This week we served up a sparkling £200,000 pictures, silver jewellery and coins auction with Rolex watches, diamonds and coloured stone rings grabbing the headlines.
Star of the watches section were 18 carat gold Rolex Oyster Perpetual Chronometer wristwatches for gentleman and a lady, which sold for £6,000 and £3,600 respectively.
Diamonds again proved a girl’s best friend in Shropshire. A three stone graduated diamond crossover ring sold for £4,600, an 18 carat gold single stone diamond ring sparkled at £4,000, a 19th century emerald and diamond cluster ring made £3,800 and a De Beers diamond ‘Board Walk’ ring found a buyer at £3,000.
Other leading prices were £3,000 for an emerald and diamond oblong cluster ring, £2,900 for a graduated amber necklace with 37 oval beads, £2,400 for a pretty 19th century sweetheart bracelet, £2,400 for a three stone sapphire and diamond ring, £2,000 for a late 19th century diamond cluster brooch and £1,450 for an Art Deco style diamond and sapphire oblong cluster ring.
In the coins section, a Shropshire vendor’s collection, including fine examples of hammered silver coinage dating to the reign of Elizabeth 1, sold for £6,300. Top price in the collection went to a George I shilling, which sold for £460.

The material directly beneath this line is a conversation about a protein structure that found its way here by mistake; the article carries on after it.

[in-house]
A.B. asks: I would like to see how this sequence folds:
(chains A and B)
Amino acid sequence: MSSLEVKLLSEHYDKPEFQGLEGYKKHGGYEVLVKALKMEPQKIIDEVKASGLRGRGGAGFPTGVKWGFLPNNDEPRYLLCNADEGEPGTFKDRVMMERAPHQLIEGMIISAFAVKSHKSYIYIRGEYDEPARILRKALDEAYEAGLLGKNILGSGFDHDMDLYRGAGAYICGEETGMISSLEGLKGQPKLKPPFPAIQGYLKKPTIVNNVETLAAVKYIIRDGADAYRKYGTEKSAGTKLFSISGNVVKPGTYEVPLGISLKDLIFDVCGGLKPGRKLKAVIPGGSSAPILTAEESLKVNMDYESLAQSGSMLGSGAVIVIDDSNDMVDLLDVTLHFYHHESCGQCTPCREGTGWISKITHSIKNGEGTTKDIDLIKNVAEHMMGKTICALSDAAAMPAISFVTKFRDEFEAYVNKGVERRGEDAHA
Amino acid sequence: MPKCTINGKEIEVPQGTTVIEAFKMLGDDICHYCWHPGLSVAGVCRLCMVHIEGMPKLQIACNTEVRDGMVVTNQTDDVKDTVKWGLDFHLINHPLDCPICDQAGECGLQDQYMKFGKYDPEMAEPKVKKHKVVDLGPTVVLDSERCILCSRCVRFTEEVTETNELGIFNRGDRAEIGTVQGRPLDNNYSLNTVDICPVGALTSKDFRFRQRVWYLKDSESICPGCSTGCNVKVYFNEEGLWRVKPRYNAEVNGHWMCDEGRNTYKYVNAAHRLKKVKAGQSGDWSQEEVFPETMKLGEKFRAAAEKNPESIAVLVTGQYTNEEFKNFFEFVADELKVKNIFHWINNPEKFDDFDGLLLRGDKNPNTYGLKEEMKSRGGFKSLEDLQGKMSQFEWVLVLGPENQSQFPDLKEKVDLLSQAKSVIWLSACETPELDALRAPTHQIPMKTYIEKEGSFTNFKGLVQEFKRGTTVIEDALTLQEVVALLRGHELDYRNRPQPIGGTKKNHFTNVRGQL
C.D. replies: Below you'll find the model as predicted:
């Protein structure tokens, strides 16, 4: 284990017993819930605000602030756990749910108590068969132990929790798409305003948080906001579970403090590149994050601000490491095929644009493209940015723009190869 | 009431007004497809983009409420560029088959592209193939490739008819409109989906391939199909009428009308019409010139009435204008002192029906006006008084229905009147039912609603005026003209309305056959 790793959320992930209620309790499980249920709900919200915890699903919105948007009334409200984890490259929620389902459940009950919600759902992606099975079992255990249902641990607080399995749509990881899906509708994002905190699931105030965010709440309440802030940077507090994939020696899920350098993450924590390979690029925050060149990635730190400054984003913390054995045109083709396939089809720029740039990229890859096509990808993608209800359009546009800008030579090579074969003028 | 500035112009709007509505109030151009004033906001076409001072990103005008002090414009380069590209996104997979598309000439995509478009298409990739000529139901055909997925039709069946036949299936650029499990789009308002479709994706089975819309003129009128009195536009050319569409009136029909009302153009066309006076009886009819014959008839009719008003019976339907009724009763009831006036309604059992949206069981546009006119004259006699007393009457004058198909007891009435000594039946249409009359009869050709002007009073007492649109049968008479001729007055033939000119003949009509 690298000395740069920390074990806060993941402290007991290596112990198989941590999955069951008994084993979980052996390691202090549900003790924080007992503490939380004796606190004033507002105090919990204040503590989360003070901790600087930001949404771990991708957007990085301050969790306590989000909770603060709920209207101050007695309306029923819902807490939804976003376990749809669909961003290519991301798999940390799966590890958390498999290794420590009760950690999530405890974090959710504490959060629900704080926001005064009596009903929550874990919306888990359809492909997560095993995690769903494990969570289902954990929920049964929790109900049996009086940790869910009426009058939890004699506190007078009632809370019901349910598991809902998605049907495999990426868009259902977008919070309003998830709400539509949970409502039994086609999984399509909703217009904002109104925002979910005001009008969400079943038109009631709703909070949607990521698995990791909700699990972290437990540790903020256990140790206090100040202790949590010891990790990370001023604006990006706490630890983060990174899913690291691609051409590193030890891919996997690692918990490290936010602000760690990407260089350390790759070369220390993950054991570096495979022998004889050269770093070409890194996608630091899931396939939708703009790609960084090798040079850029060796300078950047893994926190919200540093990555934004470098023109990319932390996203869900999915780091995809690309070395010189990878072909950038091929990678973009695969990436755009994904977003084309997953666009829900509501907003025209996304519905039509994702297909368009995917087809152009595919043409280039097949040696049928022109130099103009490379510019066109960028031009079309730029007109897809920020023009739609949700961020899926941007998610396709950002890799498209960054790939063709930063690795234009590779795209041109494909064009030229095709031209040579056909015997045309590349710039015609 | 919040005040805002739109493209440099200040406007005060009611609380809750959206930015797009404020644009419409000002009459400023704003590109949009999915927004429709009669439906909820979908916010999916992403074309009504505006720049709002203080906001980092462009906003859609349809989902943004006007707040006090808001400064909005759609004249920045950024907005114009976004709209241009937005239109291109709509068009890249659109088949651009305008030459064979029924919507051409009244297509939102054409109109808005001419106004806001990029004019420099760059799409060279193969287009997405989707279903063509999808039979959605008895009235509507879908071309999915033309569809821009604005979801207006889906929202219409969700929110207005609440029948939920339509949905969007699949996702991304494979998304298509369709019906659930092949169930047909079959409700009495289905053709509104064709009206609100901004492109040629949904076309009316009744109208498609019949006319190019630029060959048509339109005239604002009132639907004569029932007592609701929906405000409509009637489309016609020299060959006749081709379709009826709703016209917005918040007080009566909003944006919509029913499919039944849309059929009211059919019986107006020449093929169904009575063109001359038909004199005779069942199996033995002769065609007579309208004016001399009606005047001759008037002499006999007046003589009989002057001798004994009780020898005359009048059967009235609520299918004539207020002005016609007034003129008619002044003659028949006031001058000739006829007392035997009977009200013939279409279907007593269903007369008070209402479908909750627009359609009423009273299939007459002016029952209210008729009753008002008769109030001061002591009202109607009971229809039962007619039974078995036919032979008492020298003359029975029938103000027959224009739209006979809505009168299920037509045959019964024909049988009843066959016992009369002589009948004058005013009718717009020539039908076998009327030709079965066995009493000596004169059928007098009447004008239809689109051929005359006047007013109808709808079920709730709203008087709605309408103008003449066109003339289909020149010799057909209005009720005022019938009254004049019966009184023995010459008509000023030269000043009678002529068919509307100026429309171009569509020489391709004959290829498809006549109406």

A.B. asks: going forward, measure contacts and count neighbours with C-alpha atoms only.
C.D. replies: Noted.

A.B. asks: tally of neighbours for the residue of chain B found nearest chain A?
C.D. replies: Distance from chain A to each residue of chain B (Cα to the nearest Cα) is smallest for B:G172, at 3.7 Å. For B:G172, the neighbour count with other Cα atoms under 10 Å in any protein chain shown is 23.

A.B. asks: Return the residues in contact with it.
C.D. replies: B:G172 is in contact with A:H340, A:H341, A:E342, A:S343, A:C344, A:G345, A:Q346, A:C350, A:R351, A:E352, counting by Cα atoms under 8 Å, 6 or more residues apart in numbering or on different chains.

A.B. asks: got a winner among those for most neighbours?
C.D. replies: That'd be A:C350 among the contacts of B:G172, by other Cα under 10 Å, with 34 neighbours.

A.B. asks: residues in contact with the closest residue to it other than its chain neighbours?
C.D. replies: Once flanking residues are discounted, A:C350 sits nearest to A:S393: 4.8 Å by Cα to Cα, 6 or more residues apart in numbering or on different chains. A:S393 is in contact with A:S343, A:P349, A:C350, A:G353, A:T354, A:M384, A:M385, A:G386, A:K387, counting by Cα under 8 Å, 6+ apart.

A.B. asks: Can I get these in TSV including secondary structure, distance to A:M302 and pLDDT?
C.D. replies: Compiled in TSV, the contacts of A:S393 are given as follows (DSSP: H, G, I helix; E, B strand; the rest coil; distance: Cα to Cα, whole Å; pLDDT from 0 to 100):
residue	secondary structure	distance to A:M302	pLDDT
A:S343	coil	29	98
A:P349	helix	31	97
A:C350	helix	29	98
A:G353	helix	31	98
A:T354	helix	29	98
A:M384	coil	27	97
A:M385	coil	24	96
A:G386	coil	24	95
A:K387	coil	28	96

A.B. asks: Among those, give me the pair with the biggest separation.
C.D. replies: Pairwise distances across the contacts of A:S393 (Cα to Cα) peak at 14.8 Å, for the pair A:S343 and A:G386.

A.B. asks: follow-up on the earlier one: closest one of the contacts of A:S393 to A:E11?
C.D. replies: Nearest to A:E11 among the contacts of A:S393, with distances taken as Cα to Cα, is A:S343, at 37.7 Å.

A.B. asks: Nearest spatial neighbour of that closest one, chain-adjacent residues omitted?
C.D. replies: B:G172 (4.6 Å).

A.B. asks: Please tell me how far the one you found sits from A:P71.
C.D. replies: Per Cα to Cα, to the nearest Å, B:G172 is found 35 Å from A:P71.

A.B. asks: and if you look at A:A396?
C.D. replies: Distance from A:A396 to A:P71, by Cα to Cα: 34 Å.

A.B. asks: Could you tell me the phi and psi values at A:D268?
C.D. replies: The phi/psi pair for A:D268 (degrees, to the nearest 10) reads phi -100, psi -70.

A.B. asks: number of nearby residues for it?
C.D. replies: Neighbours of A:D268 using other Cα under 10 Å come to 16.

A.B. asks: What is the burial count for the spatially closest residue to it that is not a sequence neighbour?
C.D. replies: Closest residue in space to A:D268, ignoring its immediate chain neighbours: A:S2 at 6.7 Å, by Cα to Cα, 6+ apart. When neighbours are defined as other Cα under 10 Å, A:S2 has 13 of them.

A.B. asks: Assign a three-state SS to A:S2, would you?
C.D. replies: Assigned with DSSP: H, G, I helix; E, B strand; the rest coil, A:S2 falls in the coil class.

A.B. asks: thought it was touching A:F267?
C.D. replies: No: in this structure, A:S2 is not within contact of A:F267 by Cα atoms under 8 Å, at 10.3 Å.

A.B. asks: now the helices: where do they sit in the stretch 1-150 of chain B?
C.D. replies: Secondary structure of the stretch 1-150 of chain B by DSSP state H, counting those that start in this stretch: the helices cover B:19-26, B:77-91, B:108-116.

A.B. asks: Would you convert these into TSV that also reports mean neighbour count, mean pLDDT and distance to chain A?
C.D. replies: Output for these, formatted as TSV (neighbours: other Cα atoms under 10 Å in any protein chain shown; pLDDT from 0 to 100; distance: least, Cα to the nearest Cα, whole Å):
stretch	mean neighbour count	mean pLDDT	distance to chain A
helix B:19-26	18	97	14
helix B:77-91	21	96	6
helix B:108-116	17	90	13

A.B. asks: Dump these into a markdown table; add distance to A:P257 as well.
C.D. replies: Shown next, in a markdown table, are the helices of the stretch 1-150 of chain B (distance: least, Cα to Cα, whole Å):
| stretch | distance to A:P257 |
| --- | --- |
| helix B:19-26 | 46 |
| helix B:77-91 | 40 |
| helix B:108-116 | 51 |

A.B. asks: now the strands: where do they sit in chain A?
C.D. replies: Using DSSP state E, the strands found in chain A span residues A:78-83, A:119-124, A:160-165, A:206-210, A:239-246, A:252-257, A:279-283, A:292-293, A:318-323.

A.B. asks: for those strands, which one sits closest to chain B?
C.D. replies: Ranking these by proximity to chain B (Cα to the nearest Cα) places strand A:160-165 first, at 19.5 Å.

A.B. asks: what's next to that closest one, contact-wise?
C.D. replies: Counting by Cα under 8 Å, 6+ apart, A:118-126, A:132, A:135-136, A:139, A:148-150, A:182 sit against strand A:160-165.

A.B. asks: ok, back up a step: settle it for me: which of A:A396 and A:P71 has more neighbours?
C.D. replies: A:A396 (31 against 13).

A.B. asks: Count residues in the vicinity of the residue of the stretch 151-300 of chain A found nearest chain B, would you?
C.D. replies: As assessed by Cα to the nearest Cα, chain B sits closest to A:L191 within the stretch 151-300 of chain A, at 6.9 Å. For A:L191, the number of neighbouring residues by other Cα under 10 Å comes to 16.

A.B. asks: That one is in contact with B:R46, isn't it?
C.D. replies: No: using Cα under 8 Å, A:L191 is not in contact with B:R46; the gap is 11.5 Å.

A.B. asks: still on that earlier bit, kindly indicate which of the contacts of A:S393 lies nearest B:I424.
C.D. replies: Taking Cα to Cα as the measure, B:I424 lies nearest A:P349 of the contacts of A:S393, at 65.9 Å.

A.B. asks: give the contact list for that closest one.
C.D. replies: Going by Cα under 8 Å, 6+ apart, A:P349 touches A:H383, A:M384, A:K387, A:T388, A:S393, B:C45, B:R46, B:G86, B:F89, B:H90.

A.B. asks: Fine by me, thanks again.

Top sellers in the section were six gold sovereigns at £1,200, a large collection of pre-1947 silver coinage at £1,100 and Royal Mint cased proof Victorian anniversary and Queen Mother centenary £5 coins which sold for £900 each.
The silver section was headed by a set of five Victorian knight topped decanter labels from Linley Hall, near Bishops Castle, which sold for £1,650, a Victorian four piece silver tea and coffee service at £1,300, a part canteen of George V Hanoverian and rat tail pattern silver flatware at £850 and a Russian silver and cloisonné enamel cigarette case at £500.
Maryanne Lineker-Mobberley, head of silver and jewellery department, reported that in excess of 90 per cent of the jewellery lots were sold.
“The two Rolex watches and rings with diamonds and coloured stones, most notably sapphires and emeralds, sold very well,” she said. “The market for coloured stones is definitely rising as buyers start to appreciate them more. A good quality coloured stone can be rarer than diamonds if it is the right shape and clarity.”
She said the strong demand for amber necklaces with large beads continues unabated, following the sale of an example for £2,900, maintaining our record for selling good quality amber.